Tuesday, July 05, 2011

Romney the Job Killer

From Politico, a condensed description of how Mitt Romney made his half billion dollar fortune. First he inherited many millions. That's important. Then he founded Bain Capital and went into the business of buying up undervalued or struggling American manufacturers, in some cases for the purpose of stripping their assets, laying off thousands of workers, and pocketing millions, leaving the companies in bankruptcy. In these cases Romney's investment firm got very rich and left workers and creditors holding the bag.

The story about Romney was told most fully in the Boston Globe in 2007. If you don't have the $5 to read the full Boston Globe article, you can find key parts of it online, as in this blog. There's also a link to the archived piece.

You have to wonder why this story, published once in the Globe, hasn't been read since by anyone covering Romney's campaign. You don't hear questions asked about it. To hear him talk, Romney created jobs. Do you hear reporters clearing their throats and challenging him? No. At best his record is mixed. He created profits for Bain Capital and its clients, but even the successes have a significant downside. The millions investors gained, others lost.

Romney's job appears to have been to hunt the quarry and stand aside while his company took the quarry apart. Another Boston Globe piece described the Romney method for keeping his hands clean.

The Massachusetts AFLCIO has kept tabs on Romney's record.

Workers who lost their jobs told their stories in a series of ads. It's a shame reporters haven't been interested. But workers' stories are never as interesting as stories told by people with money.

Romney's main success story involves Staples, which Bain Capital bought and grew. It's successful today, but how many Main Streets have been destroyed by this model of big box retail? How many small local retailers were ground out of business? It's a zero-sum story in which big wins and small loses. Why should small businesspeople see Romney as a hero or any kind of ally?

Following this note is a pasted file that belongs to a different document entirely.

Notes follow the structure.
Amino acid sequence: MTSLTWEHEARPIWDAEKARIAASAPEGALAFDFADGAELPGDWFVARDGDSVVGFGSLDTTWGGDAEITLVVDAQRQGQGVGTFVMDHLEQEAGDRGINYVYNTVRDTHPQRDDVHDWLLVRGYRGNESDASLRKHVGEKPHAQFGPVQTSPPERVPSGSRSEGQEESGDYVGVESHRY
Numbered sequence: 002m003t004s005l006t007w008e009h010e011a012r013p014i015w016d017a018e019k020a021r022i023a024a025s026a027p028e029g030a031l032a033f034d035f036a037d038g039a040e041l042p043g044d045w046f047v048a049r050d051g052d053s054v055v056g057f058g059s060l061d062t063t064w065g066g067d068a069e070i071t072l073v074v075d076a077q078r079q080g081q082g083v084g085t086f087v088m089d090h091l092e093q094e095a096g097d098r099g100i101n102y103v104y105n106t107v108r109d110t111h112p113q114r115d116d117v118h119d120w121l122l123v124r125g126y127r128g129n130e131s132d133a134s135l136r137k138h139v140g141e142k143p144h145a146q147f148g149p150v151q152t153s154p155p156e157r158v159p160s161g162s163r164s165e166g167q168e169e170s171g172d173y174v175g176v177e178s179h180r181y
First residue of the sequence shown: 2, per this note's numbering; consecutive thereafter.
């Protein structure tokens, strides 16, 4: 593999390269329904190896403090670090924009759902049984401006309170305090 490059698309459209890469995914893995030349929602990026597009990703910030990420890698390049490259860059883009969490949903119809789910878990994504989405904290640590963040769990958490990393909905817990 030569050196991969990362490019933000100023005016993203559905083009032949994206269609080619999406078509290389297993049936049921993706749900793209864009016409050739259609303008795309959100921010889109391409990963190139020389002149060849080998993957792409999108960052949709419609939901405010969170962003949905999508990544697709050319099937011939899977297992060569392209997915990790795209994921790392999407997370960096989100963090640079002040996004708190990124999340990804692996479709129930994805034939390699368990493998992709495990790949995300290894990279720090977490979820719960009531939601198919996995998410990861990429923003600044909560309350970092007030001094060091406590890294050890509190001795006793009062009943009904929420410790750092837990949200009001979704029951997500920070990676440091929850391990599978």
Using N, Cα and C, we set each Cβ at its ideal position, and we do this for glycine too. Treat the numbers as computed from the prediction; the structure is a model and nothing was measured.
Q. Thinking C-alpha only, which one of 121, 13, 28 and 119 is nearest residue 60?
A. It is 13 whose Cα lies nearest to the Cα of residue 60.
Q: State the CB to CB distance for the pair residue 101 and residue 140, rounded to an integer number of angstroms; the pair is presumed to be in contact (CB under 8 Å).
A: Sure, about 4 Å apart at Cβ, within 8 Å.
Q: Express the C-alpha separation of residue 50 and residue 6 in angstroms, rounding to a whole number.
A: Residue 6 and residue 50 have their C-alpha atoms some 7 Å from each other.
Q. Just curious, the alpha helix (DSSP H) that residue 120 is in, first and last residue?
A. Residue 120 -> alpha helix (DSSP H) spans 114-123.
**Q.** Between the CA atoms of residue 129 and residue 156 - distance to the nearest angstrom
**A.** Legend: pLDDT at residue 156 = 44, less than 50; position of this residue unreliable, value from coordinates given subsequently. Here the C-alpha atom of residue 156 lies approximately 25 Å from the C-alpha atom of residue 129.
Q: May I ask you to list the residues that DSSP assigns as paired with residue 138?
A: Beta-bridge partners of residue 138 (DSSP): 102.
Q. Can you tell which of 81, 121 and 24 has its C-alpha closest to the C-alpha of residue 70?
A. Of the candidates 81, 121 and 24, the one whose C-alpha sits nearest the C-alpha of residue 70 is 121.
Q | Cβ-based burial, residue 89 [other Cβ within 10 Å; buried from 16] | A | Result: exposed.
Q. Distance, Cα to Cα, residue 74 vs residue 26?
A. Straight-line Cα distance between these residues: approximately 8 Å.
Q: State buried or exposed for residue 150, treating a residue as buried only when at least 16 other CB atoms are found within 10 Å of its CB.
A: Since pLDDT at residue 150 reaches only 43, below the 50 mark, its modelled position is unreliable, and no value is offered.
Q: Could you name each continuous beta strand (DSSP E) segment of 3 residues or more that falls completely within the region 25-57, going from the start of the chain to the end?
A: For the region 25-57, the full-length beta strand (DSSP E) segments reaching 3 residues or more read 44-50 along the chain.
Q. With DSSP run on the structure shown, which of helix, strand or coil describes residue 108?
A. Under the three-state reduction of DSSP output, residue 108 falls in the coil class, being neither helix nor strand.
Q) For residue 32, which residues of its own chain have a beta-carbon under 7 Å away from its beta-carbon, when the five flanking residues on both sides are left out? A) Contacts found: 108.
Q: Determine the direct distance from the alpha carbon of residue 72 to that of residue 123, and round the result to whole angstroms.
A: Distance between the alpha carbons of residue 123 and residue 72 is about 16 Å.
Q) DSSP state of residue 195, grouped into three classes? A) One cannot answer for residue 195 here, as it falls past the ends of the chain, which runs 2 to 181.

The key to the Romney Republican business model is low prices and low wages, using volume and dominant size to kill competition. Dominance not only helps them suppress wages but also the suppliers' prices. All the money gained is paid out to the people at the top of the company, the owners, the equity partners, the moneymen.

Romney has a cute line he repeats, deploring “lifetime politicians” who “have never run a corner store, let alone the largest enterprise in the world.” But Romney inherited millions and made more by depressing wages, closing down companies and running mom and pop stores out of business. In a nutshell, that is the Republican model and we shouldn't be voting for it.

This neat summary comes from a Republican rival:

"And I would also suggest one needs to look very carefully at what exactly the business record is," Huckabee said. "If it's taking companies who are in serious trouble, buying them when they are in pain, selling off their assets, and then making a huge profit off of it, that's not something a lot of Americans can relate to, except those who have lost their jobs because of those kinds of transactions. If that's the turnaround, there are a lot of Americans who would really not like to see their own lives turned around quite like that."

The New York Times wrote about Romney's career in 2007. The damning material is there, but simply stated rather than analyzed.

Meanwhile Romney the businessman who made his bones by laying off workers jokes about being unemployed.

Left and progressive bloggers find this provocative enough to comment on. Sadly the mainstream media won't touch it. They're too afraid of being called "liberal".

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